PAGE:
One of our students, Christine Dupuis, paid a visit to Chilford Hall vineyard last week – she is hoping to pin down a job in the wine trade in Bordeaux, where she has recently moved. Here are some pictures of her visit, with winemaker Mark Barnes.Christine-Dupuis-at-Chilford-Hall-Estate Christine-Dupuis-with-winemaker-Mark-Barnes-Chilford2Winemaker-Mark-Barnes-with-Christine-at-ChilfordThe English wine industry is not renowned for its extent or, say, the complexity of its reds – the climate is generally too temperate for full development of the best grapes. But it has a long history. It was introduced by the Romans, who produced wine as far north as Lincolnshire, and was widespread through the Middle Ages, when among other things it was in demand as a source of communion wine.

But the English have always looked to Bordeaux (with which there are long-established ties both commercial and dynastic – the Plantagenet kings of England had ancestral lands in Aquitaine) and from the eighteenth century Portugal and Spain for their best wines, fortified or otherwise. The English trade wine, drink wine, but do not really make much wine.

In fact, between the end of the nineteenth century and 1936 there were no vineyards at all in England. In recent years, however, range and quality have both improved, to the extent that an English sparkling wine was named in the top ten sparkling wines worldwide in the Effervescents du Monde (sparkling wines of the world) competition, 2007, beating any number of champagnes out of sight.

It seems that this growth has in part been fuelled by a misplaced optimism in global warming – misplaced, because any such warming is as likely to result in colder or more unstable weather patterns as much as warmer ones. Regardless, we should enjoy what we now have, and Chilford Hall – located near Linton, just a few miles from Cambridge – is by all accounts a good place to start.

Welcome to the North Atlantic

Tomorrow is midsummer’s day, and yet all the talk this year (as last year, and the year before) is of how there has been, will be, no proper summer.snefA conference of meteorologists convened in Exeter has concluded (after a full day’s cudgelling of their brains) that the warming of the Atlantic is to blame: a warmer sea has persuaded the jet stream to settle to the south of the country, rather than to the north. This phenomenon apparently accounts for below average temperatures and above average rainfall in several of the last summers. (You can read more about the conference here).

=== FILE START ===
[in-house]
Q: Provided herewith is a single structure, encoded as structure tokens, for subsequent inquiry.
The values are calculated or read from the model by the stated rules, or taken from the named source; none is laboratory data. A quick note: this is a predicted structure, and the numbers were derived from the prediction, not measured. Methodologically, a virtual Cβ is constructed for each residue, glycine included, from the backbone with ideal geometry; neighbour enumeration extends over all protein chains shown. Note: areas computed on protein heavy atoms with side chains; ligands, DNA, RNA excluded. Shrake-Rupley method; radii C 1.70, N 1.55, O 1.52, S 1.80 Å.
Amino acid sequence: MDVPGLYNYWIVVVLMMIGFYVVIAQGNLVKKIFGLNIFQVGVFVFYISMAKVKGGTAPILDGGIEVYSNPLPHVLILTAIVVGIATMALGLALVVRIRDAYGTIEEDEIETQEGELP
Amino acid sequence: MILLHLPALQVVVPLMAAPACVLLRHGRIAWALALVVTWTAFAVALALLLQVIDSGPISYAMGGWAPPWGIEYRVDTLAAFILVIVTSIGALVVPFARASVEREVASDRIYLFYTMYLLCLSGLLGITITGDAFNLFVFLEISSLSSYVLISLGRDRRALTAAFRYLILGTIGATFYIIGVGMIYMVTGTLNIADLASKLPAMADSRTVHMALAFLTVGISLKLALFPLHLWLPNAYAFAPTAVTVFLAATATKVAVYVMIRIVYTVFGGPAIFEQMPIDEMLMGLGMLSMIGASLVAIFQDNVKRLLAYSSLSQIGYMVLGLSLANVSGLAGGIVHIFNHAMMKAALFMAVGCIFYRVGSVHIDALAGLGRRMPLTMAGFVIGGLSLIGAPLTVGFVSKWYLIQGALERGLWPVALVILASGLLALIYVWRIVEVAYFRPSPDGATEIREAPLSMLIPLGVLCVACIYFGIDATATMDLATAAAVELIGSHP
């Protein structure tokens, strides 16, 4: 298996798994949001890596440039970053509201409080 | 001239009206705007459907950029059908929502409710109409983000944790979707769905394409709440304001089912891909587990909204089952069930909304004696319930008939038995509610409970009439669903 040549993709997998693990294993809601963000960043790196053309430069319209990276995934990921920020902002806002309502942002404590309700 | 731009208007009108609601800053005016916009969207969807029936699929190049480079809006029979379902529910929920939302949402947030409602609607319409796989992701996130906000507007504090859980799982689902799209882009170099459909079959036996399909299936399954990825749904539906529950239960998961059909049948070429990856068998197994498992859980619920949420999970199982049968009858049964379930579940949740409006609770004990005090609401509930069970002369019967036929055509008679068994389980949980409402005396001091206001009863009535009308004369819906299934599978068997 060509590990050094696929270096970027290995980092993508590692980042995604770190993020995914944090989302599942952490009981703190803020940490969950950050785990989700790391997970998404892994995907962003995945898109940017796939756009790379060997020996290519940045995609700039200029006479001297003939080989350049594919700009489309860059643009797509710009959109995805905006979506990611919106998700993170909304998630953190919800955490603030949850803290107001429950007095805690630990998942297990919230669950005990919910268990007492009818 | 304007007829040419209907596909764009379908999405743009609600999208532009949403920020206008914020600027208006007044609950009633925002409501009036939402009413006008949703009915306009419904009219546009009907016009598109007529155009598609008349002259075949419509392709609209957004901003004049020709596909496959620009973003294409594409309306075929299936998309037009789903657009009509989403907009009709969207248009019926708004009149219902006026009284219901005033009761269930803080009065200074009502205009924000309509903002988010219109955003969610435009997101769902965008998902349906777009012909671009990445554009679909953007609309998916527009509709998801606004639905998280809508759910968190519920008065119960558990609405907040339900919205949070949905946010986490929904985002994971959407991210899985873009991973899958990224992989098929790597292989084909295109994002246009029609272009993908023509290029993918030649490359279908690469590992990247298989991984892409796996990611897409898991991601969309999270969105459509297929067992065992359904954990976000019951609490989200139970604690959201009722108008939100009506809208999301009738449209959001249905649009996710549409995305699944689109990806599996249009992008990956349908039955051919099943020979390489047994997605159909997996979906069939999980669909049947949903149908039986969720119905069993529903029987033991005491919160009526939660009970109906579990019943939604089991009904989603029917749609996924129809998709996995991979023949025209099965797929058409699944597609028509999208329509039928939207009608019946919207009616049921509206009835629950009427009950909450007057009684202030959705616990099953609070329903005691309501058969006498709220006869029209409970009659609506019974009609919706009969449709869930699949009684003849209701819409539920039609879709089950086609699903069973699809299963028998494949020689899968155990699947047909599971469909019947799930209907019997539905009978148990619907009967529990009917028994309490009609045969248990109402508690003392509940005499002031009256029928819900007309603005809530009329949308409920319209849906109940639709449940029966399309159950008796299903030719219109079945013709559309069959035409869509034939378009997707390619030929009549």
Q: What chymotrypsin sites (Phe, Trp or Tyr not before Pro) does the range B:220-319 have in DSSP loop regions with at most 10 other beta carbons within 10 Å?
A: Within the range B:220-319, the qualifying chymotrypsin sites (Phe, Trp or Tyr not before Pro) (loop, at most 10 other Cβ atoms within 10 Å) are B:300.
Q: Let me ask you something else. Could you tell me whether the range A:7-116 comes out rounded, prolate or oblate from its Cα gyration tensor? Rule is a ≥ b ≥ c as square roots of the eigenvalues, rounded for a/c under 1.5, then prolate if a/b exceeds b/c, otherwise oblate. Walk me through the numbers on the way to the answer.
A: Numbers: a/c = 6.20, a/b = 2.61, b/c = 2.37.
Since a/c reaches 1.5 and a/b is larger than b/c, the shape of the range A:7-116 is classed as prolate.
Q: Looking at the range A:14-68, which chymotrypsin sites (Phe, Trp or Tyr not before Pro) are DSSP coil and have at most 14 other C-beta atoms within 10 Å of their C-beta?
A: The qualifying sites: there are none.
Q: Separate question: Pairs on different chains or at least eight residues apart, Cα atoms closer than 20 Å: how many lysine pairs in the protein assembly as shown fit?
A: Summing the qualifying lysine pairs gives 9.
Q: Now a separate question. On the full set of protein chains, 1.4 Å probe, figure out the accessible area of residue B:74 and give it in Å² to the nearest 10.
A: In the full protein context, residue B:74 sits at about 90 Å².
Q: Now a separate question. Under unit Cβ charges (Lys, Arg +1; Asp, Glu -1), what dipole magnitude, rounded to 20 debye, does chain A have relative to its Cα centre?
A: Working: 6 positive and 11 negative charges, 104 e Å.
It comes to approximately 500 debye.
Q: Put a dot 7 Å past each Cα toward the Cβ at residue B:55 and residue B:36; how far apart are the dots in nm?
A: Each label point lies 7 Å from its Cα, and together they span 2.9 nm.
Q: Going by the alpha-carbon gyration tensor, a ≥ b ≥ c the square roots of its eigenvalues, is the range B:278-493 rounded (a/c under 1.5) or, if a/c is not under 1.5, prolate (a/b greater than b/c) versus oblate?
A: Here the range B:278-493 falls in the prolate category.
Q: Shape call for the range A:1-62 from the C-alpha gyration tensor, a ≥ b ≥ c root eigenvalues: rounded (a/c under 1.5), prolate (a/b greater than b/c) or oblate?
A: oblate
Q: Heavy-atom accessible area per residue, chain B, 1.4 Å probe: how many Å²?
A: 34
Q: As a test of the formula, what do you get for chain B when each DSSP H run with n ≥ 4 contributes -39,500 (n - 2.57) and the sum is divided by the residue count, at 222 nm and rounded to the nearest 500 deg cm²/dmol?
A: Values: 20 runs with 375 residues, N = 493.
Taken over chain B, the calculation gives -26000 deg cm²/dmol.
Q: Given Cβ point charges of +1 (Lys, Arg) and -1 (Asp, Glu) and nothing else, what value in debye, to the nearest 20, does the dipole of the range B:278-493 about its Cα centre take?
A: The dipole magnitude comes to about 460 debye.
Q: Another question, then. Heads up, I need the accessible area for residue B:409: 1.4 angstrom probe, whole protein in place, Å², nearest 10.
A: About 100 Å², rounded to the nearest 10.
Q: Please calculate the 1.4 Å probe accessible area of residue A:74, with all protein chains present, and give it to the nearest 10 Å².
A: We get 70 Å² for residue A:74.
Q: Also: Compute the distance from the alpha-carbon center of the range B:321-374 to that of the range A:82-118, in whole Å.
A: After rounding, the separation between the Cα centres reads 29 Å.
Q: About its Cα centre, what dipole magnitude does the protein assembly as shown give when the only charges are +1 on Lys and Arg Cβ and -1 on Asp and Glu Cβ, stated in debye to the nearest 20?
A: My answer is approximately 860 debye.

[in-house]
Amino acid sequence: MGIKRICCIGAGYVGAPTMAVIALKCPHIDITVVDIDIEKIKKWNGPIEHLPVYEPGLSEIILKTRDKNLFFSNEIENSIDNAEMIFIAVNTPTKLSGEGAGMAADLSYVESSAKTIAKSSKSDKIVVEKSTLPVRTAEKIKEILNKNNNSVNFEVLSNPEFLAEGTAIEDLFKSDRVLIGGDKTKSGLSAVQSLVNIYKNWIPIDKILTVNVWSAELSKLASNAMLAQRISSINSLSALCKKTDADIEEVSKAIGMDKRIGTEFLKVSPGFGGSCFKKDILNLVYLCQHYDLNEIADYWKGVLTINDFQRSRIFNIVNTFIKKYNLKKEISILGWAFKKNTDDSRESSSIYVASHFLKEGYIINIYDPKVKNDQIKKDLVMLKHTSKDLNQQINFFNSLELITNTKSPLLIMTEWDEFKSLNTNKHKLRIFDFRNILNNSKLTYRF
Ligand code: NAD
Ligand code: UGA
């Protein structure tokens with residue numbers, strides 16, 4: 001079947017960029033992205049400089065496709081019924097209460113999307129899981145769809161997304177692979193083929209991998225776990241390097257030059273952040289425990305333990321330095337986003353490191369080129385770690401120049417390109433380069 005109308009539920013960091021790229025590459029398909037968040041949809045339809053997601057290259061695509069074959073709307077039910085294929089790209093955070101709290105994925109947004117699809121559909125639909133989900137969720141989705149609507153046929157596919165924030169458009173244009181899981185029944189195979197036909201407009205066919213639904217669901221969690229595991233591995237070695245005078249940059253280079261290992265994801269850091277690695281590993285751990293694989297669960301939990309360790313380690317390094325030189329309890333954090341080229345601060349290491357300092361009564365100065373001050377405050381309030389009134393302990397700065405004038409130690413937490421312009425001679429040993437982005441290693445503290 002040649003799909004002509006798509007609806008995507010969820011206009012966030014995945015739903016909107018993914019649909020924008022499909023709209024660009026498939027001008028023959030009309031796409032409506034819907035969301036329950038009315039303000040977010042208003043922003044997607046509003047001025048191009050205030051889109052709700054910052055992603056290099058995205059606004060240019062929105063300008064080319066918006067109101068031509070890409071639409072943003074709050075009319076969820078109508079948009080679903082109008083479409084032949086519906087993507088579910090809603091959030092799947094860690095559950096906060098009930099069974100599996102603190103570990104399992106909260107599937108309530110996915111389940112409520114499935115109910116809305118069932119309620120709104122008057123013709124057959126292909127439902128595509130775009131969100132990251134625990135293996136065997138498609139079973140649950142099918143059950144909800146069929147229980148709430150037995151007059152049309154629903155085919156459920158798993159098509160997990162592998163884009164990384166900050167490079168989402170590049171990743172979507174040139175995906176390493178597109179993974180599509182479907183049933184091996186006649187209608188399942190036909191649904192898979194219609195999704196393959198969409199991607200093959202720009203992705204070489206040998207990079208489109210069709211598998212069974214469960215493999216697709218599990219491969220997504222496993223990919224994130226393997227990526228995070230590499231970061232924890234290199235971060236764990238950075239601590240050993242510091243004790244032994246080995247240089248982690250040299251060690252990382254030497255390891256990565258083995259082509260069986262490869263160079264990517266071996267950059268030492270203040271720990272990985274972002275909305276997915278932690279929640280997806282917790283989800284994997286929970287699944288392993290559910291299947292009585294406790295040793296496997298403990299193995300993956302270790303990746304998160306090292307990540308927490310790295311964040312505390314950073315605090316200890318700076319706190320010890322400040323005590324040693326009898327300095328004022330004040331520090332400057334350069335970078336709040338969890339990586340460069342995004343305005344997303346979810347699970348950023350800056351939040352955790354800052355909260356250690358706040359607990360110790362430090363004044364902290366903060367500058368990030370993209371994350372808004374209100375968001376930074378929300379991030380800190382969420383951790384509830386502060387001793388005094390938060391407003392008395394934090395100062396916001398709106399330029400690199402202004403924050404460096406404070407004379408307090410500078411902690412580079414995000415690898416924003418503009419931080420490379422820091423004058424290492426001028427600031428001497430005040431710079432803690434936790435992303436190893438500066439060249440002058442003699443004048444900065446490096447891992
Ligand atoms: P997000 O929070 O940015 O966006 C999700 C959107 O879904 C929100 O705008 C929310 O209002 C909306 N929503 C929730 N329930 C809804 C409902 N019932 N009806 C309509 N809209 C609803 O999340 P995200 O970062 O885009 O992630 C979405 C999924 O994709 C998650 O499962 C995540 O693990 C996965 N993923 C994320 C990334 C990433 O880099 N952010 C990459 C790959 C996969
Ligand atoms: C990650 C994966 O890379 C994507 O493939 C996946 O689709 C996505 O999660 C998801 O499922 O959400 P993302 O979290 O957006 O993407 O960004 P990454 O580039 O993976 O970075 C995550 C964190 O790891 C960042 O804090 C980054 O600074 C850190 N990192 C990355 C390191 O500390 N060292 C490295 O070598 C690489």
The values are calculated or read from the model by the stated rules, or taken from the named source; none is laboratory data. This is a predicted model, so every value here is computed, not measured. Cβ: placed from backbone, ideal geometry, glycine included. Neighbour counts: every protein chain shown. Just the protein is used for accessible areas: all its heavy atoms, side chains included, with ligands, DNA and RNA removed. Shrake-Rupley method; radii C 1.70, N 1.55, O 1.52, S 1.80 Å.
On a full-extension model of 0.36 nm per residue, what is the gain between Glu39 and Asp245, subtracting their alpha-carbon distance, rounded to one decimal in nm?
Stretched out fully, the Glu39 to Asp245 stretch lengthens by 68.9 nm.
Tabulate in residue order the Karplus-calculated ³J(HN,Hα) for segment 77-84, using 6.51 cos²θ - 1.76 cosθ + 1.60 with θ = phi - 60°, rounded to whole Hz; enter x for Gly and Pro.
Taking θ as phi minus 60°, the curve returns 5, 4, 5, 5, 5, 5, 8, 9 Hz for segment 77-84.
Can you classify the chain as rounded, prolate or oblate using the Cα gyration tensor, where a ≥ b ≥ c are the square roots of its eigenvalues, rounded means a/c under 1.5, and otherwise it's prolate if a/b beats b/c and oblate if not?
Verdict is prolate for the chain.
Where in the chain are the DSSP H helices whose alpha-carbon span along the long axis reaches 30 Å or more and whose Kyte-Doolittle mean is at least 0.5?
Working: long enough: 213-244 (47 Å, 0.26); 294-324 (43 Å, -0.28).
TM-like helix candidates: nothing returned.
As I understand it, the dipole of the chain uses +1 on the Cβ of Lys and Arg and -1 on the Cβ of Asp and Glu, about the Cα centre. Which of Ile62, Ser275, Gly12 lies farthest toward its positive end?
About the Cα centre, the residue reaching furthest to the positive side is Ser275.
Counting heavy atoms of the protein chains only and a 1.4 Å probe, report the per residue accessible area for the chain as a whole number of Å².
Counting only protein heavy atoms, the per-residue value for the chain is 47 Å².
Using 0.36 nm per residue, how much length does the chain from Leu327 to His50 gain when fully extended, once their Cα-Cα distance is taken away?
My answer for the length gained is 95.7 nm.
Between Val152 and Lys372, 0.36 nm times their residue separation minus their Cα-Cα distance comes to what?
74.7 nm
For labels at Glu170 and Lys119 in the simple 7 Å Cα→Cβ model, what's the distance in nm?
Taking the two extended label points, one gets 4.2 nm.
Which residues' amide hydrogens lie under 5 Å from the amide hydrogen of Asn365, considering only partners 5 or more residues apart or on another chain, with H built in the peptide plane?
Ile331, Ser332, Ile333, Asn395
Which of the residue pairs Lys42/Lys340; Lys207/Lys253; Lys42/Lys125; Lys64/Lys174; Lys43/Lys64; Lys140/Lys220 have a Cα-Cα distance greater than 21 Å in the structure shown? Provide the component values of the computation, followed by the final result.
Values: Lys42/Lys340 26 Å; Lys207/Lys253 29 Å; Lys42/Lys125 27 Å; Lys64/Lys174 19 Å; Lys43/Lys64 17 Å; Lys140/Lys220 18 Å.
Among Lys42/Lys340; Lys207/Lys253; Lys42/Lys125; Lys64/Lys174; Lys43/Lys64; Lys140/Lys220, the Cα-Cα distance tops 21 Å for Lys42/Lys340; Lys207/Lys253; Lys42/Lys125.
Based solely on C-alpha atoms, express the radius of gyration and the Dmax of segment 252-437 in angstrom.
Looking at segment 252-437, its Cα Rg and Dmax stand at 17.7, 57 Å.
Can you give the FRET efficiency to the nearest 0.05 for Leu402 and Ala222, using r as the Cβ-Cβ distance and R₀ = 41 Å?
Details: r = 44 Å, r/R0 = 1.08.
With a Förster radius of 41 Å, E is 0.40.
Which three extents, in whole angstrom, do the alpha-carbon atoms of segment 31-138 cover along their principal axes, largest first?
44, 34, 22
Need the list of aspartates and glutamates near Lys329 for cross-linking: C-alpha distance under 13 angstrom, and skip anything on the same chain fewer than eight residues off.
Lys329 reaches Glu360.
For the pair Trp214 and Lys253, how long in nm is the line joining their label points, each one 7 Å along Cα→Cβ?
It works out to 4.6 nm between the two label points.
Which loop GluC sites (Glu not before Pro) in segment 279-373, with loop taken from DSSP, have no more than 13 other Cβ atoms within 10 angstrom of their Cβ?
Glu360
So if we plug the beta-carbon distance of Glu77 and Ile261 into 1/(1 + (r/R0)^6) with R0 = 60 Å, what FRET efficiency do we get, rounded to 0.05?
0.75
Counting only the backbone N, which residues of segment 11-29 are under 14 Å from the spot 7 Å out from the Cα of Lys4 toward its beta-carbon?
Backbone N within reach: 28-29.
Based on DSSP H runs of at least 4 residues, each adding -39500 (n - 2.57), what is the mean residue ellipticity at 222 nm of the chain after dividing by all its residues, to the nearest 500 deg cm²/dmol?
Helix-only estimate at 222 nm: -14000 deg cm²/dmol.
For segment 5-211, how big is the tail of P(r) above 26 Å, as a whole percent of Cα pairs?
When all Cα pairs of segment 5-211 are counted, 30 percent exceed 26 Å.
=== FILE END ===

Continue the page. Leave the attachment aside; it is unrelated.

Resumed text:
I don’t for a moment dispute the figures or the conclusion. But it is worth reminding ourselves that British weather does not have a reputation for capriciousness for nothing. As an article in yesterday’s Guardian pointed out, we inhabit an island in the Atlantic storm belt on the same latitude as Siberia – we could do a lot worse.

Here, for example, is the poet William Cooper writing in his journal for 21st June 1784:

“We have now frosty mornings,  and so cold a wind, that even at high noon we have been obliged to break off our walk in the southern side of the garden, and seek shelter, I in the greenhouse, and Mrs Unwin by the fireside. Haymaking begins here tomorrow.”

And here is Katherine Mansfield, writing on the same day in 1918, in Cornwall:

“What is the matter with today? It is thin, white, as lace curtains are white… went for a walk and was caught in the wind and rain. Terribly cold and wretched.”

Poor old Katherine Mansfield. Dr Johnson used to fly into a rage if anyone suggested in his hearing that mood or humour could be affected by the weather, perhaps because he himself was in fact so affected and regarded it as a weakness. We on the other hand are so convinced of the contrary that we have pathologised the condition as seasonal affective disorder. But perhaps in the end we just feel cheated, and those meteorologists were engaged in a public relations exercise, groping for a way to handle expectations which have grown peculiar and demanding, and which will inevitably be thwarted.

Welcome to the North Atlantic.